IIRC, I found the BU2090FS on a VCR board. I managed to desolder the SSOP16 chip by throwing the entire PCB into a toaster. I let the board cook for a few minutes and then started pulling off parts with my tweezers. The chip is quite solderable by hand, but I had no 0.8mm SSOP boards, so I superglued the chip onto veroboard and had a go at hand soldering the thing.


Now you’re probably thinking that hand soldering a 16 pin SSOP is a daunting job, but its not really that hard. All you need is a fine point soldering tip and a steady hand. A little bit of magnification and good lighting helps as well. All in all it took me less than 15 minutes to make the DIY SSOP-to-dip ‘adaptor’.

DSC01430 DSC01425
Left: the ‘adaptor’
Right: the chip can be seen below the wires

The ‘2090 is a 12-bit latched shift register, and is primarily used to drive LEDs. It runs off 5v and can sink upto 25mA per channel. Coding for the chip wasn’t difficult at all. Serial data can simply be clocked in and you’re ready to go.

Below is a ‘scope capture of the data to make output Q8 and Q0 low. Data is fed in MSB-first. Keep in mind that the outputs are active low since this is a sinking driver.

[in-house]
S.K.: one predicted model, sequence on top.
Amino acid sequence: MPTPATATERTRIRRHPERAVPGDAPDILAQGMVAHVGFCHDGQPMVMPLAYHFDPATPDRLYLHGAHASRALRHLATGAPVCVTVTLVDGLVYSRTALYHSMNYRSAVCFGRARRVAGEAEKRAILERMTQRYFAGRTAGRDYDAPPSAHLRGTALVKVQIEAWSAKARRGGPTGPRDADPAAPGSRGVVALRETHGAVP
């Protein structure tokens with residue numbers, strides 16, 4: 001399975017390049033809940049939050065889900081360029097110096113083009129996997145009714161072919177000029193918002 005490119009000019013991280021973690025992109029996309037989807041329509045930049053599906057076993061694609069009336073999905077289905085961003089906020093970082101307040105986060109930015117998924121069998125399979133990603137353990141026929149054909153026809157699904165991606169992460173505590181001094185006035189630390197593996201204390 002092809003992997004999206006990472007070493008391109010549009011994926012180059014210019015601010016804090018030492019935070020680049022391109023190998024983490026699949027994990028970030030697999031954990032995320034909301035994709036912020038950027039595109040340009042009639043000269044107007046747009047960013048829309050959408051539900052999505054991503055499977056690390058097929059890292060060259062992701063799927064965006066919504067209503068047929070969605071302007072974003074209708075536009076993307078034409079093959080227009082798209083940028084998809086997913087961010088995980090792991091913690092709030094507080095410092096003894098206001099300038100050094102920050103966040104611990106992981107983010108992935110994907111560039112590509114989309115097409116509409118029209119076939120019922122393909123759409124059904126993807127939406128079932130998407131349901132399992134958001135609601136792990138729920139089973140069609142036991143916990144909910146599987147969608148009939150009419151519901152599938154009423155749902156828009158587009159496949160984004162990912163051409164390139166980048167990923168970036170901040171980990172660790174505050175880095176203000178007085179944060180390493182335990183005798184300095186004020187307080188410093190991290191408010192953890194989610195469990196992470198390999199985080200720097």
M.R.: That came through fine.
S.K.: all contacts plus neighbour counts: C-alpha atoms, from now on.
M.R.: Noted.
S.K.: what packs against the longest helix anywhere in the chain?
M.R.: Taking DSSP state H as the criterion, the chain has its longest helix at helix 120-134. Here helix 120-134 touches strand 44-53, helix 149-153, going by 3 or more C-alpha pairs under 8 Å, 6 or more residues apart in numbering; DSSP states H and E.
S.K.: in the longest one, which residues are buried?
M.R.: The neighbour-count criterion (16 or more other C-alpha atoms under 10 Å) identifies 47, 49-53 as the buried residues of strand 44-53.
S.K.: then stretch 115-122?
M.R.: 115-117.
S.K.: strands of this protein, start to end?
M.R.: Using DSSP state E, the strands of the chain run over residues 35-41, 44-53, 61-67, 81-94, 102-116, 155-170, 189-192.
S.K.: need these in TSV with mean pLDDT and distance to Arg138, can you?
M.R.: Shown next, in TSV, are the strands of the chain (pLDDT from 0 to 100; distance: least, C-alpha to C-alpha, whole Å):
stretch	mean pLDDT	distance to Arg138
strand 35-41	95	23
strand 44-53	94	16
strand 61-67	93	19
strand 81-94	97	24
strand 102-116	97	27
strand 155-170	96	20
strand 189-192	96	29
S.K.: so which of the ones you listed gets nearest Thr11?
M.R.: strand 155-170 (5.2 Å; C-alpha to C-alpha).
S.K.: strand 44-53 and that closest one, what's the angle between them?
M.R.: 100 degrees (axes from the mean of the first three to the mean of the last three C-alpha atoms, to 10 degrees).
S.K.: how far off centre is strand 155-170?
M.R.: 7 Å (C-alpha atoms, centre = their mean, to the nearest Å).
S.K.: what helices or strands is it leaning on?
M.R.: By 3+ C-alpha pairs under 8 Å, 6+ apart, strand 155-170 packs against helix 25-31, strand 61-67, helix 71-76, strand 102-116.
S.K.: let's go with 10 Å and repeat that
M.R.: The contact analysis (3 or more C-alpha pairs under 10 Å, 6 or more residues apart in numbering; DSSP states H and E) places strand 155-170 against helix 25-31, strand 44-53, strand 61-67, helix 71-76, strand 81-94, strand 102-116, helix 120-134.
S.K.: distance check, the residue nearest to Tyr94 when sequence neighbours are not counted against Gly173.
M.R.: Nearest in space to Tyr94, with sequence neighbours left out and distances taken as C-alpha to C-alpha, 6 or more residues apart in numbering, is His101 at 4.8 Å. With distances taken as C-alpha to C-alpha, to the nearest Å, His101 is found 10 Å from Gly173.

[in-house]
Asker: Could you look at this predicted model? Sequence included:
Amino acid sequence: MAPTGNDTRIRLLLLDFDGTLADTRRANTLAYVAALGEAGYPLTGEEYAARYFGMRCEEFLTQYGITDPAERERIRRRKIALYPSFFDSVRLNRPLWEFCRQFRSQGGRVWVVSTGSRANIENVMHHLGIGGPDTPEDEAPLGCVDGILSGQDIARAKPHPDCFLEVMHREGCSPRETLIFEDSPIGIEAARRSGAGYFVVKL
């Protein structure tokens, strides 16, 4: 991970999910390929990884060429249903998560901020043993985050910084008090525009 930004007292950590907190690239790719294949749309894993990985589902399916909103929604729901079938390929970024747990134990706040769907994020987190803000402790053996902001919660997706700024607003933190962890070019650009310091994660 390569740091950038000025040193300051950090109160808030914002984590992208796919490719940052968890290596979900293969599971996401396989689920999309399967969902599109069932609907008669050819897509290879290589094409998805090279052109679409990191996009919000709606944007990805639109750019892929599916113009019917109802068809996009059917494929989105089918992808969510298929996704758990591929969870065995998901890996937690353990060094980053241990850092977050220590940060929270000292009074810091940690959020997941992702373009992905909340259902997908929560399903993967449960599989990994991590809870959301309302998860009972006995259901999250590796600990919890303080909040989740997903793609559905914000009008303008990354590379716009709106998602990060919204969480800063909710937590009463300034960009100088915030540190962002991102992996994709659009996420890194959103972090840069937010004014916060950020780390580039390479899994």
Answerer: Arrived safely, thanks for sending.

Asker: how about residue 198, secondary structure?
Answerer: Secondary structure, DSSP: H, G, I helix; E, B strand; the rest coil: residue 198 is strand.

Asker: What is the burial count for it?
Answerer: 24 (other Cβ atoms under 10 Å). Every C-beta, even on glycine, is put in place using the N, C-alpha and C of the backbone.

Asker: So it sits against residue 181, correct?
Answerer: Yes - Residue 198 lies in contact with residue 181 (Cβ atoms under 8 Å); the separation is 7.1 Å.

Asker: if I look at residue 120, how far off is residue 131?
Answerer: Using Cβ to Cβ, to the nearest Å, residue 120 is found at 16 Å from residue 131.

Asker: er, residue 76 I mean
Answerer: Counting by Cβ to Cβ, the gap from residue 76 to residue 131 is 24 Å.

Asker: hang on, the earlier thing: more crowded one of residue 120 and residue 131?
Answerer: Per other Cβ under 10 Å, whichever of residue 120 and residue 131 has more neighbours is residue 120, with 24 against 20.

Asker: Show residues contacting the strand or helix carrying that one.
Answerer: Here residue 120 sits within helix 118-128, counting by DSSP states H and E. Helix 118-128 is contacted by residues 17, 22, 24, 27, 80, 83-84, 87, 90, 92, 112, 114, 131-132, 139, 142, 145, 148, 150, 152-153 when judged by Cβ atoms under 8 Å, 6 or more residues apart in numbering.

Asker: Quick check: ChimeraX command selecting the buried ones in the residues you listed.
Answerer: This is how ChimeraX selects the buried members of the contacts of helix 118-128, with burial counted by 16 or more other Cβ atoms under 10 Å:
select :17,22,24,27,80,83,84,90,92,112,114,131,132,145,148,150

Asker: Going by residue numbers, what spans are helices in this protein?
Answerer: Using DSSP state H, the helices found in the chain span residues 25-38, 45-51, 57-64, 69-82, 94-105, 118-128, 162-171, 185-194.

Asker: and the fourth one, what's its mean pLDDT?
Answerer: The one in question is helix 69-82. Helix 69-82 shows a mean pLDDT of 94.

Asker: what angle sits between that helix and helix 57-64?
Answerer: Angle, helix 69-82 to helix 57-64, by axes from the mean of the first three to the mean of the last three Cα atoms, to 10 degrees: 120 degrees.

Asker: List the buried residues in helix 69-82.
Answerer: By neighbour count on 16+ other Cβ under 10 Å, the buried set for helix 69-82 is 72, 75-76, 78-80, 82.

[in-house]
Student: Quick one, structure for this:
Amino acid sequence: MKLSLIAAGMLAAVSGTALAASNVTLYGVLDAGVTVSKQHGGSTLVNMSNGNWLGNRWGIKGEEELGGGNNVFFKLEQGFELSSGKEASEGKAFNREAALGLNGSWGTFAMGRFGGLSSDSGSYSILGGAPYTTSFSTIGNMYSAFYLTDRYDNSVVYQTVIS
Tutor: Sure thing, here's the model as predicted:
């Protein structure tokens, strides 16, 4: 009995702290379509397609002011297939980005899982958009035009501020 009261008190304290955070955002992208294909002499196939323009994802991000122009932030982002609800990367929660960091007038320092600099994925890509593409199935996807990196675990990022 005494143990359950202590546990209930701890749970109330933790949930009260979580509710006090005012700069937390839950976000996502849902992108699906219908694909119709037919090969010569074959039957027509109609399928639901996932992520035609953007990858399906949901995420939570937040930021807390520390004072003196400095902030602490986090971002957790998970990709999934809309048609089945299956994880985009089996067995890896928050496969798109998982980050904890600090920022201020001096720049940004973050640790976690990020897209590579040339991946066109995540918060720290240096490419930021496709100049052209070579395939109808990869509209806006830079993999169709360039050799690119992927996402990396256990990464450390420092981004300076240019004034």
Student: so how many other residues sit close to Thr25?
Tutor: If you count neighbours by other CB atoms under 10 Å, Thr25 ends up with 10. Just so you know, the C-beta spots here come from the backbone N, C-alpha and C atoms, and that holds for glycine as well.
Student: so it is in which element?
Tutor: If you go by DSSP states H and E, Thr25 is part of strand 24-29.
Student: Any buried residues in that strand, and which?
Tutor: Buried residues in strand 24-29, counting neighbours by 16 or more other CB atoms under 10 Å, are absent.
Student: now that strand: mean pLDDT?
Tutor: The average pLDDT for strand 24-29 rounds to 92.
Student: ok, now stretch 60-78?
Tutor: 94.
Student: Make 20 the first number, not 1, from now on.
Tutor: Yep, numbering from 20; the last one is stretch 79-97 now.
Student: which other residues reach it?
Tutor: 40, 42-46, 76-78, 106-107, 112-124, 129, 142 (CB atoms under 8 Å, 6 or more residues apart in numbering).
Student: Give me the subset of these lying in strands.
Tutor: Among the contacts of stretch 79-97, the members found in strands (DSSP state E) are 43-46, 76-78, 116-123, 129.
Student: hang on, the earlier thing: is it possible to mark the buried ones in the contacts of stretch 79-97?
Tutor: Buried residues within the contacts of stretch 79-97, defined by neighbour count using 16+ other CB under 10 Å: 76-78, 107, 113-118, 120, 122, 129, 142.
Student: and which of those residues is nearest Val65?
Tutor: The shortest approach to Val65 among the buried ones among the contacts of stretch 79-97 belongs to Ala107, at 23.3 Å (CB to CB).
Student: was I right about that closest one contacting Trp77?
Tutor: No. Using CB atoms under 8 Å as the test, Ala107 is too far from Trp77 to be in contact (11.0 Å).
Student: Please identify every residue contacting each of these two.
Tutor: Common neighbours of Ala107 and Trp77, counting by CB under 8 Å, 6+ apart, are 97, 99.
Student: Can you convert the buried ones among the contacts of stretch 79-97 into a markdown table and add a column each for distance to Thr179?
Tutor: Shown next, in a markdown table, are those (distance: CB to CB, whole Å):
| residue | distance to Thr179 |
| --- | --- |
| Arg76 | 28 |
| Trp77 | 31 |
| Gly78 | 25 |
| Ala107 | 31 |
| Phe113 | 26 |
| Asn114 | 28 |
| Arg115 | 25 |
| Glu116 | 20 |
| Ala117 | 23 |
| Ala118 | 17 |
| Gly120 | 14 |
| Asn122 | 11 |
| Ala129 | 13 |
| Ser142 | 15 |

Oscilloscope capture

Data and clock lines idle low. According to the datasheet data is sampled every rising clock. A shift occurs after every new bit of data is clocked in. Data is latched after all 12 bits are sampled by raising data high and then pulling clock low.

I used CCS-C on a PIC16F882 to test the chip. An excerpt of the driver is below:

#define clk pin_c5
#define data pin_c4

void writedata (int16 var)
    int8 loop;




DSC01427  DSC01428
The BUF2090 mounted for prototyping

Saturday, June 18, 2011

Cheap Graphics – Nokia 3310 LCD

It’s been aeons since I blogged last. I’ve kinda gotten rusty so I thought I’d begin small by blogging about something that’s been a work-in-progress for a quite a while.

I’m always looking for inexpensive ways to add ‘bling’ to my projects. A graphic LCD is a lovely way to add that extra bit of fun (and functionality) to an application. Granted, a graphical display may be total overkill in some situations, and may not even be required in others. But when it is necessary, the Nokia 3310 display is a cheap and easy way to display 48*84 pixels of graphics.